The air-dried stem of the plant (1000 g) was extracted at room temperature with methanol (MeOH). After removal of MeOH by evaporation, 28.96 g crude extract was obtained, which was added to a 10% acetic acid solution and kept at 5ºC overnight. The material insoluble in 10% acetic acid (fraction I, 4.89 g) was filtered and the aqueous phase obtained was first extracted with chloroform (CHCl3 - fraction II, 0.51 g). The pH was then increased to 7, and a neutral precipitate was obtained (fraction III, 7.04 g) and extracted with CHCl3 (fraction IV, 0.24 g). The pH of the remaining aqueous phase was raised to 10 and the aqueous phase was extracted with CHCl3 (fraction V, 0.06 g). Finally, the aqueous phase was neutralized and lyophilized, yielding fraction VI, 16.46 g. Fractionation of fraction III, IV or V (60.0 mg) on silica gel preparative thin layer chromatography (CHCl3/MeOH 92:8) in an ammonium hydroxide atmosphere led to the isolation of ramiflorine A (5.8 mg, [a]25D = +23.0º, c = 1 mg/mL, ethanol) and a mixture containing ramiflorine B and traces of 10-methoxy-geissoschizol. Further fractionation of this mixture on silica gel preparative thin layer chromatography (chloroform/ethyl acetate/methanol/triethylamine 45.5:45.5:8:1) was performed, yielding 3.1 mg ramiflorine B ([a]25D = +58.5º, c = 1 mg/mL, ethanol). This procedure was repeated to obtain a sample for the antibacterial tests and for the identification of the compounds. The structures of ramiflorines A and B, established from one- and two-dimensional nuclear magnetic resonance data, were compared to those reported in the literature (11) and are illustrated in Figure 1.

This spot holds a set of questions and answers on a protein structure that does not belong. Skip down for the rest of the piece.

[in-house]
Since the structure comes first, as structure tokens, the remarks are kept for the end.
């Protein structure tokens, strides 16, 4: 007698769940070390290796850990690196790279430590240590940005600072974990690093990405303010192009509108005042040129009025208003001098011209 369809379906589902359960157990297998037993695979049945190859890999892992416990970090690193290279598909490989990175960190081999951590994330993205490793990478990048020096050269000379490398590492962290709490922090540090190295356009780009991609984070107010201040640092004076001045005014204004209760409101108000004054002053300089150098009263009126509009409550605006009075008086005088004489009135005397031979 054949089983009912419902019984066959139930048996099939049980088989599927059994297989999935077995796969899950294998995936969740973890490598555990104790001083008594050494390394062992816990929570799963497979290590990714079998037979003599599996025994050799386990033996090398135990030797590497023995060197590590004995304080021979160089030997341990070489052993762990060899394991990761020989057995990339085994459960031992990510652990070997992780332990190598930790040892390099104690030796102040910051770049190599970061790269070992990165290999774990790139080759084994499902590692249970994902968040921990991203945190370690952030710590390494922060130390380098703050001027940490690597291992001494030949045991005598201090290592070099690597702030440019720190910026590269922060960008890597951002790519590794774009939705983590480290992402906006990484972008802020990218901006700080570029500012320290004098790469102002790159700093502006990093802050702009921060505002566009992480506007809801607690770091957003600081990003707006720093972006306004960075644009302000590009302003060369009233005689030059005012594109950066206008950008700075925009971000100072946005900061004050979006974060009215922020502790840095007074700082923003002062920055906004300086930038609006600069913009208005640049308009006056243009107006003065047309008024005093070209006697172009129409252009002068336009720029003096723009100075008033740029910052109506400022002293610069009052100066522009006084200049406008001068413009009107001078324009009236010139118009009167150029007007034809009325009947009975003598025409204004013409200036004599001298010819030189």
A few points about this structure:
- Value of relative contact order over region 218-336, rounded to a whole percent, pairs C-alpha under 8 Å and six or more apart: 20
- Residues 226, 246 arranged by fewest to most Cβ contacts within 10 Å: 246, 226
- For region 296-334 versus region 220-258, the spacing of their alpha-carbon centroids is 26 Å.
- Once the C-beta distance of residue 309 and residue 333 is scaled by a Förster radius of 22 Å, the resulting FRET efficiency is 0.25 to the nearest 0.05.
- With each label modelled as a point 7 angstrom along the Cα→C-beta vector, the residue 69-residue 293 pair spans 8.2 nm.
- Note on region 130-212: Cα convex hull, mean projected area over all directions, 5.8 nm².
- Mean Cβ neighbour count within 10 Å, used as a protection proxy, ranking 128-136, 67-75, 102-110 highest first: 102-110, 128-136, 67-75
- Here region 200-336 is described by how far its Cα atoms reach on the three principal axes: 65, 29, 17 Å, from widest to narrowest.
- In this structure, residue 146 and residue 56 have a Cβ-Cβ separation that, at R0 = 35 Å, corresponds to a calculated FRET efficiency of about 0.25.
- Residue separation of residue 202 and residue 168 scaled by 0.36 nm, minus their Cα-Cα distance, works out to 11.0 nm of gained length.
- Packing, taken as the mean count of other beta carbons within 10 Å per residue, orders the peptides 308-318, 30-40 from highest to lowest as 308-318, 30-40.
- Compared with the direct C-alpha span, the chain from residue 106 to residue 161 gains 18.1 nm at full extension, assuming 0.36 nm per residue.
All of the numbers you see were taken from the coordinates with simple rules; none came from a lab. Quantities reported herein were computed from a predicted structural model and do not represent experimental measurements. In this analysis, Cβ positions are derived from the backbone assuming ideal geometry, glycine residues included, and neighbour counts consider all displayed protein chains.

The minimal inhibitory concentrations (MICs) of all extracts and reference antibiotics were determined by microdilution techniques in Mueller-Hinton broth (Merck, São Paulo, SP, Brazil) according to NCCLS guidelines (12). Inoculates were prepared in the same medium at a density adjusted to a 0.5 McFarland turbidity standard (108 colony- forming units (CFU)/mL) and diluted 1:10 for the broth microdilution procedure. Microtiter plates were incubated at 37ºC and the MICs were determined after 24 h of incubation. Two susceptibility endpoints were used for each isolate. The MIC is defined as the lowest concentration of compounds at which the microorganism tested did not demonstrate visible growth. Minimum bactericidal concentration was defined as the lowest concentration yielding negative subcultures or only one colony. Vancomycin, tetracycline, and penicillin (Sigma, St. Louis, MO, USA) were used as positive control.

Additional experiments were performed to obtain information about the antimicrobial activity of the extracts. A sensitive radial diffusion technique was used as described earlier (12). Ramiflorines A and B were tested against S. aureus using a solid agarose medium. The agarose layer consisted of 30 mg/100 mL tryptic soy broth system in 10 mM phosphate buffer, pH 7.2, with 0.02% Tween 20 and a 0.8% GTG agarose phase (Sigma). Each well was loaded with a 10-µL sample containing various amounts of ramiflorines (range 2 ...10, 15, 20, 25, 50 µg, C- and C+ negative and positive controls, respectively). The plates were incubated at 37ºC for 16 h until growth of the microorganisms was visible. The diameter of the zone of complete inhibition was measured to the nearest whole millimeter.